The rise of ARM: From a small acorn to a mighty oak

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British schoolchildren who tapped away on a BBC Micro computer in the 1980s unwittingly sowed the seeds of ARM’s success.

The firm grew out of computer pioneer Acorn Computers, founded by three Cambridge University scientists who struck gold when they signed a deal with the BBC to make the machine.

Scratching their heads to top the device, the burgeoning company developed a new microchip called the Acorn RISC Machine, later abbreviated to ARM.

The technology caught the eye of Silicon Valley and in 1990 Apple and US circuit board maker VLSI Technology persuaded Acorn to spin off the ARM unit into a new firm called Advanced RISC Machines.

The business, comprised of 12 former Acorn engineers, was led by Sir Robin Saxby and he pioneered the practice of licensing chip design to other companies.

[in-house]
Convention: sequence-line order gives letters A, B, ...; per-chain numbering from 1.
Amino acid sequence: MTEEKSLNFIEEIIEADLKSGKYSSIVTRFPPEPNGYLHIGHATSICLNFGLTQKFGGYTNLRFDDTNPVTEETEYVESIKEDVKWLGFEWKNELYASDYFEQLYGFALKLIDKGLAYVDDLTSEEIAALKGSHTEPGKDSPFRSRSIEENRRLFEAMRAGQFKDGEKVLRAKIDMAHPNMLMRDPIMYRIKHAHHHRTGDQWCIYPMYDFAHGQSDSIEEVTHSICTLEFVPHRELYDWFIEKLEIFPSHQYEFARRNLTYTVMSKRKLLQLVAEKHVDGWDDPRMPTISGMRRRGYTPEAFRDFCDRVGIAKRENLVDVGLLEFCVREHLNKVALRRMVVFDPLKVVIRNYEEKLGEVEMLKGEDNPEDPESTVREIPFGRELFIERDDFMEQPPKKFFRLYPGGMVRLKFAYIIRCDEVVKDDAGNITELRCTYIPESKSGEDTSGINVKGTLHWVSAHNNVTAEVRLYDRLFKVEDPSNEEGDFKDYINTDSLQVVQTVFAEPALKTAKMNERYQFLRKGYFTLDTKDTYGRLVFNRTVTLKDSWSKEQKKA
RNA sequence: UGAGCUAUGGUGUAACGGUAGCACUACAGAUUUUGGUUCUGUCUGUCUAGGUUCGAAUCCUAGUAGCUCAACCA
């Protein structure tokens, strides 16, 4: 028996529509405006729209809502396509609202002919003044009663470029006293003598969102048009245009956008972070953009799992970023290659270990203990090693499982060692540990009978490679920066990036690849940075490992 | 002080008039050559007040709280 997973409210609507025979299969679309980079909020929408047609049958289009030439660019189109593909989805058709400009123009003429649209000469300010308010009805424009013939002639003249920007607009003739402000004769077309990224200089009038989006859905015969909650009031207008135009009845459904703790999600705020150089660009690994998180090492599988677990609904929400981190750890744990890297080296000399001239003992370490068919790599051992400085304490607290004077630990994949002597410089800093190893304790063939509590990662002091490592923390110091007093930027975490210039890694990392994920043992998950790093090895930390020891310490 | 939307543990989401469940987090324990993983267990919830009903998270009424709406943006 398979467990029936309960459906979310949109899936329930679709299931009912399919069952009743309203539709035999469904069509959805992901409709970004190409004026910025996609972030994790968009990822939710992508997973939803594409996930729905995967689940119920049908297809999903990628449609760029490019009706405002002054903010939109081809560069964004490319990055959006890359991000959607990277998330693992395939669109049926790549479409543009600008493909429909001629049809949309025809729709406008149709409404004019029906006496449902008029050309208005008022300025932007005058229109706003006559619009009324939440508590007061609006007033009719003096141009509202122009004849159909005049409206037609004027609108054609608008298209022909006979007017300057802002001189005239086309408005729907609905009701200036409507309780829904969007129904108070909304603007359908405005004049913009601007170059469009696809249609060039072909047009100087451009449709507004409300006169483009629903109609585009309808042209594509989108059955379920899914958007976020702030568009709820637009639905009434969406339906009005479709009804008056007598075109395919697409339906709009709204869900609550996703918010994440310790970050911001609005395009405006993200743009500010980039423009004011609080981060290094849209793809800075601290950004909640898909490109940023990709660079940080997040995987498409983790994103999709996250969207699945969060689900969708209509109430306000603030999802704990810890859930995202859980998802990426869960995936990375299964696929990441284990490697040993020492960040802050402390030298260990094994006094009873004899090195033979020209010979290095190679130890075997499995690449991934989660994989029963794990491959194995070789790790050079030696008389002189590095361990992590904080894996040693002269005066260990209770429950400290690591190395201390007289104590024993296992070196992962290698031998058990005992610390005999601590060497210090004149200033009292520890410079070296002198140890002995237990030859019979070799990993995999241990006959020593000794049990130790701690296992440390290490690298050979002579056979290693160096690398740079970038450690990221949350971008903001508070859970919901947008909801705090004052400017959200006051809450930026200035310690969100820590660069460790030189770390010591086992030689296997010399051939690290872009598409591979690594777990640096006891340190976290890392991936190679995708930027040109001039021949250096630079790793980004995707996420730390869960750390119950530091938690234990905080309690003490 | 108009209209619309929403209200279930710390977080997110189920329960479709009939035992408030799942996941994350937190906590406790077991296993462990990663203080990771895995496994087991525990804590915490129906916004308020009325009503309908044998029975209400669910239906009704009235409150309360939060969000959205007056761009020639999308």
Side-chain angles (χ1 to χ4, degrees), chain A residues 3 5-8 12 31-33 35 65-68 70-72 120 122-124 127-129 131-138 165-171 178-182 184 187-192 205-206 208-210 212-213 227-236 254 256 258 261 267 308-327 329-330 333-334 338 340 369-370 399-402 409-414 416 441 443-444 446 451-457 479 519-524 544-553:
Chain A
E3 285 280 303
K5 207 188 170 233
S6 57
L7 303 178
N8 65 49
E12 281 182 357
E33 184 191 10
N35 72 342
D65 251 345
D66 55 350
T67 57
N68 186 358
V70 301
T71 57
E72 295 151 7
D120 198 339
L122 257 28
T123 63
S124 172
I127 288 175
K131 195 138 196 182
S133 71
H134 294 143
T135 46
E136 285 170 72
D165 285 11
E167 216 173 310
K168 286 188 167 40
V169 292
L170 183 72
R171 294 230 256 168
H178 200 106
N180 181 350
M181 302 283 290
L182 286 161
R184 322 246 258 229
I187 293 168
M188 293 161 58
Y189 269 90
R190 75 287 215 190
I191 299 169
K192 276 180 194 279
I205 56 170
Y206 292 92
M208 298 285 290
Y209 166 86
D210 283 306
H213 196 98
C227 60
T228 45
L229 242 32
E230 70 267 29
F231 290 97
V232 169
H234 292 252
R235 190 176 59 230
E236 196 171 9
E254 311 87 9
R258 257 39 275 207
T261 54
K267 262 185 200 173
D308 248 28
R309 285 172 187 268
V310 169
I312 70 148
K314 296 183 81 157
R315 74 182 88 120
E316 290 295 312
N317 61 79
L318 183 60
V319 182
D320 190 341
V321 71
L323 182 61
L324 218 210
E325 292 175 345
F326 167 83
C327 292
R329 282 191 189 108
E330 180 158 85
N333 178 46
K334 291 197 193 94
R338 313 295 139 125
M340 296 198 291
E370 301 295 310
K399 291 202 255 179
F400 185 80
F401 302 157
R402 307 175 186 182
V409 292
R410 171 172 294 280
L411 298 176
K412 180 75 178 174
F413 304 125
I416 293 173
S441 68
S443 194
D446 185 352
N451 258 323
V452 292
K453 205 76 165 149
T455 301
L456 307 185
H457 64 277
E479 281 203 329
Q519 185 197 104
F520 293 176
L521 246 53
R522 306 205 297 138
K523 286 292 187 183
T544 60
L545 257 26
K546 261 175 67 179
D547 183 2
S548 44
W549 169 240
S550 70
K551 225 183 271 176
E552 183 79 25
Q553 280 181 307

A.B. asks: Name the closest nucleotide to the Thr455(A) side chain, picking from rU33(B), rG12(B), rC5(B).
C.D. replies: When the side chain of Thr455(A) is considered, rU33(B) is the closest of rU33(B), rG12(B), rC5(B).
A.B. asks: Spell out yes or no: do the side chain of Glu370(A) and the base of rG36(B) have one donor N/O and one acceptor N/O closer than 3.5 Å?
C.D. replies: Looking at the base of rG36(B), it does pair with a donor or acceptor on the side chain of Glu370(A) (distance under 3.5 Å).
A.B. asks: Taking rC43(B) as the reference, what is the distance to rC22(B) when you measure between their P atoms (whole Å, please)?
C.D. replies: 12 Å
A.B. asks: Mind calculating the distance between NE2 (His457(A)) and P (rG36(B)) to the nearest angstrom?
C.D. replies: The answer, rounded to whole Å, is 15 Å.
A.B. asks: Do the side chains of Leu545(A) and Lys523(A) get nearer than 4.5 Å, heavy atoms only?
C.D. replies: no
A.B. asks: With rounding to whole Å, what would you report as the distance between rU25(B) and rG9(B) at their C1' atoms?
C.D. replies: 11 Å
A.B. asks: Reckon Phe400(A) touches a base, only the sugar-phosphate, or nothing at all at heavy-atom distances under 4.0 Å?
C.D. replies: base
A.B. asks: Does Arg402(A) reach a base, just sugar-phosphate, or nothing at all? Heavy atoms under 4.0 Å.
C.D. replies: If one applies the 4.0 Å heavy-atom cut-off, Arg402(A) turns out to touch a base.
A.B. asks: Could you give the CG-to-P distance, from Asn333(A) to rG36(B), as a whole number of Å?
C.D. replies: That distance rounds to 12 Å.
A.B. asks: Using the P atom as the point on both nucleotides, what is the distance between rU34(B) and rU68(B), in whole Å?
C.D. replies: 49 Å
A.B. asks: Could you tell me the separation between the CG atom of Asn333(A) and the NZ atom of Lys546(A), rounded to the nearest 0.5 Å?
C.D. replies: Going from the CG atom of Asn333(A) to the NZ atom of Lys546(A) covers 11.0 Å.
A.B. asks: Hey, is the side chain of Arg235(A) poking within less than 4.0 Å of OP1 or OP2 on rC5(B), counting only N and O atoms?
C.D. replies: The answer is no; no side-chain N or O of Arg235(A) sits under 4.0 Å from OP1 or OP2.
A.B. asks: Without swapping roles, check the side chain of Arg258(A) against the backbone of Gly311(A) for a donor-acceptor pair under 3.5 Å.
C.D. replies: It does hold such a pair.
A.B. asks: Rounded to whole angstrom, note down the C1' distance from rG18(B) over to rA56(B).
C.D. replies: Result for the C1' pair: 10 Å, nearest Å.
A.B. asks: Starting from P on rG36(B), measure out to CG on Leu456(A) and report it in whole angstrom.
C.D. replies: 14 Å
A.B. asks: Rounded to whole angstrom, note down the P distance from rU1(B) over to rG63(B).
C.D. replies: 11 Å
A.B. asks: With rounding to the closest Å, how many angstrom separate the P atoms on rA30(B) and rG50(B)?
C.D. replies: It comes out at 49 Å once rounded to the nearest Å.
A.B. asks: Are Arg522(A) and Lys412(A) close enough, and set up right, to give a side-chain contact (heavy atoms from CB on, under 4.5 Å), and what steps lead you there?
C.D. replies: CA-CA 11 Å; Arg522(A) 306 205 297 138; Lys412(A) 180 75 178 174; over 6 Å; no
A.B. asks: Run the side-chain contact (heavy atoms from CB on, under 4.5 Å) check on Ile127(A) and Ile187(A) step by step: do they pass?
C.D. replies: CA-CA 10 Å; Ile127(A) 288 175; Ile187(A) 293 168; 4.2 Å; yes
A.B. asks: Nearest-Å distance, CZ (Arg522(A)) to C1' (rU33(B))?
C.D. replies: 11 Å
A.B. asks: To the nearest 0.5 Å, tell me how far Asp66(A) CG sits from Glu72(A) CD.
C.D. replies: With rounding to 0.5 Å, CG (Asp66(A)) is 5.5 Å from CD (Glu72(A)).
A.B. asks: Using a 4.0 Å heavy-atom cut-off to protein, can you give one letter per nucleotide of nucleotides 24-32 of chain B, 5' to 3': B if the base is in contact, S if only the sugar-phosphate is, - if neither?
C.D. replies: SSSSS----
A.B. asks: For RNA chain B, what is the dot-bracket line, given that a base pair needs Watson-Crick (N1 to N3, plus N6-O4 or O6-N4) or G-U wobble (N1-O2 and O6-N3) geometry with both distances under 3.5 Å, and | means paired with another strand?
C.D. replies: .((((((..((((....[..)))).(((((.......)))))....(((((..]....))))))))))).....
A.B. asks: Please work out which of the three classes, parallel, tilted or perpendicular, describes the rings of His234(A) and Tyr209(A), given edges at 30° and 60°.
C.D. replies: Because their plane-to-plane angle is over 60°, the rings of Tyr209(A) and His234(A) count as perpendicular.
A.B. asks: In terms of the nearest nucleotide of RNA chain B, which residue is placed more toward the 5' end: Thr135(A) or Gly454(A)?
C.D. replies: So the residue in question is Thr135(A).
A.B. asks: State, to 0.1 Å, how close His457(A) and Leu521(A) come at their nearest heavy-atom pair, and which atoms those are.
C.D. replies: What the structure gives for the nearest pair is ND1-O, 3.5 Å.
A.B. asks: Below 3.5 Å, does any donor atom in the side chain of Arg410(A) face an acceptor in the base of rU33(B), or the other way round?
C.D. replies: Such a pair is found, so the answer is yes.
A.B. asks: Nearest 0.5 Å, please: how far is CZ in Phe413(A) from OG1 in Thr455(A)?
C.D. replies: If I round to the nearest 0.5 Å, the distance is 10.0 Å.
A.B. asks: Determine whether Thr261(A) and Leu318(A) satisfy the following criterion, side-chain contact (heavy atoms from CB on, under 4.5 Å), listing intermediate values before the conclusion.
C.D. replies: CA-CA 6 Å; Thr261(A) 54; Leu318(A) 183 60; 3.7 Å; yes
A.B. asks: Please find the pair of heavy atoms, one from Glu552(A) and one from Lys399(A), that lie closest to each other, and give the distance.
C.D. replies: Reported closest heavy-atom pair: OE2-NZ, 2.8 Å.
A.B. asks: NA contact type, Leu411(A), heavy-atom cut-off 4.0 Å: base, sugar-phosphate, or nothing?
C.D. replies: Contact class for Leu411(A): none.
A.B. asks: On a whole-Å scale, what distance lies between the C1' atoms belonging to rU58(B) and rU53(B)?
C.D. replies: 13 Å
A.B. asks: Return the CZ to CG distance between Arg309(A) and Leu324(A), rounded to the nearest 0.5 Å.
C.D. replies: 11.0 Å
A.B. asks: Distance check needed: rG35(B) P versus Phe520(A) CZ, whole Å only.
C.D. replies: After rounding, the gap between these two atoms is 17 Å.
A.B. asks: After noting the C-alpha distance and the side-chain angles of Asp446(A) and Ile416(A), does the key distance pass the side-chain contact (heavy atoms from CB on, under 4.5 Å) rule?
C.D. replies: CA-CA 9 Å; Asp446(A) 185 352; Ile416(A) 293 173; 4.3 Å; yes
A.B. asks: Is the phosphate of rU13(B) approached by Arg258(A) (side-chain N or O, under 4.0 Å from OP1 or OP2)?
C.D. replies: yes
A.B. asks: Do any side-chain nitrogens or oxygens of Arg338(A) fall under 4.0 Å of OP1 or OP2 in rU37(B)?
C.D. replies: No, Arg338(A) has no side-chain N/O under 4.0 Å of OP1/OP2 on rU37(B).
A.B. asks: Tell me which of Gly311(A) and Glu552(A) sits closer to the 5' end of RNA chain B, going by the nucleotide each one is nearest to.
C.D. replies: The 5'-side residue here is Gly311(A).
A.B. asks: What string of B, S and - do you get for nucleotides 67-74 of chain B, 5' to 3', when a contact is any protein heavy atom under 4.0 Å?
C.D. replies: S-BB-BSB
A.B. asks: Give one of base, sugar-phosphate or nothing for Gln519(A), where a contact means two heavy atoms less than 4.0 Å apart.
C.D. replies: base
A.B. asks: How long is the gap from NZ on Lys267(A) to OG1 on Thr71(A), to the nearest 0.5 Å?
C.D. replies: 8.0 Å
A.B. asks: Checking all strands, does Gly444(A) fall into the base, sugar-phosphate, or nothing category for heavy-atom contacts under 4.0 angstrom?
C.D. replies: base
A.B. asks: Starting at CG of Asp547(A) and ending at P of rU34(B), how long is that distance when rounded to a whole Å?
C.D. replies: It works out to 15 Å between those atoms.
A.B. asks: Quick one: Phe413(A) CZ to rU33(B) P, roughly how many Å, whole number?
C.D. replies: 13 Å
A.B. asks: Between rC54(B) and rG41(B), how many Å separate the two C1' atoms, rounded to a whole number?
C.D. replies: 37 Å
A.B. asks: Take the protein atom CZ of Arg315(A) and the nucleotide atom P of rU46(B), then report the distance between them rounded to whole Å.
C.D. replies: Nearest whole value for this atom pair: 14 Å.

Saxby brought entrepreneurial flair to the firm, famously winning ARM’s first boardroom table in a coin flip with a local furniture dealer.

Nokia’s decision to license ARM’s technology in its ubiquitous mobiles paved the way for a landslide of royalty payments to ARM, which floated in 1998.

Royalty payments continued with the next giants of the smartphone era Apple and Samsung — a bonanza which continues today. 

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July 18, 2016 |
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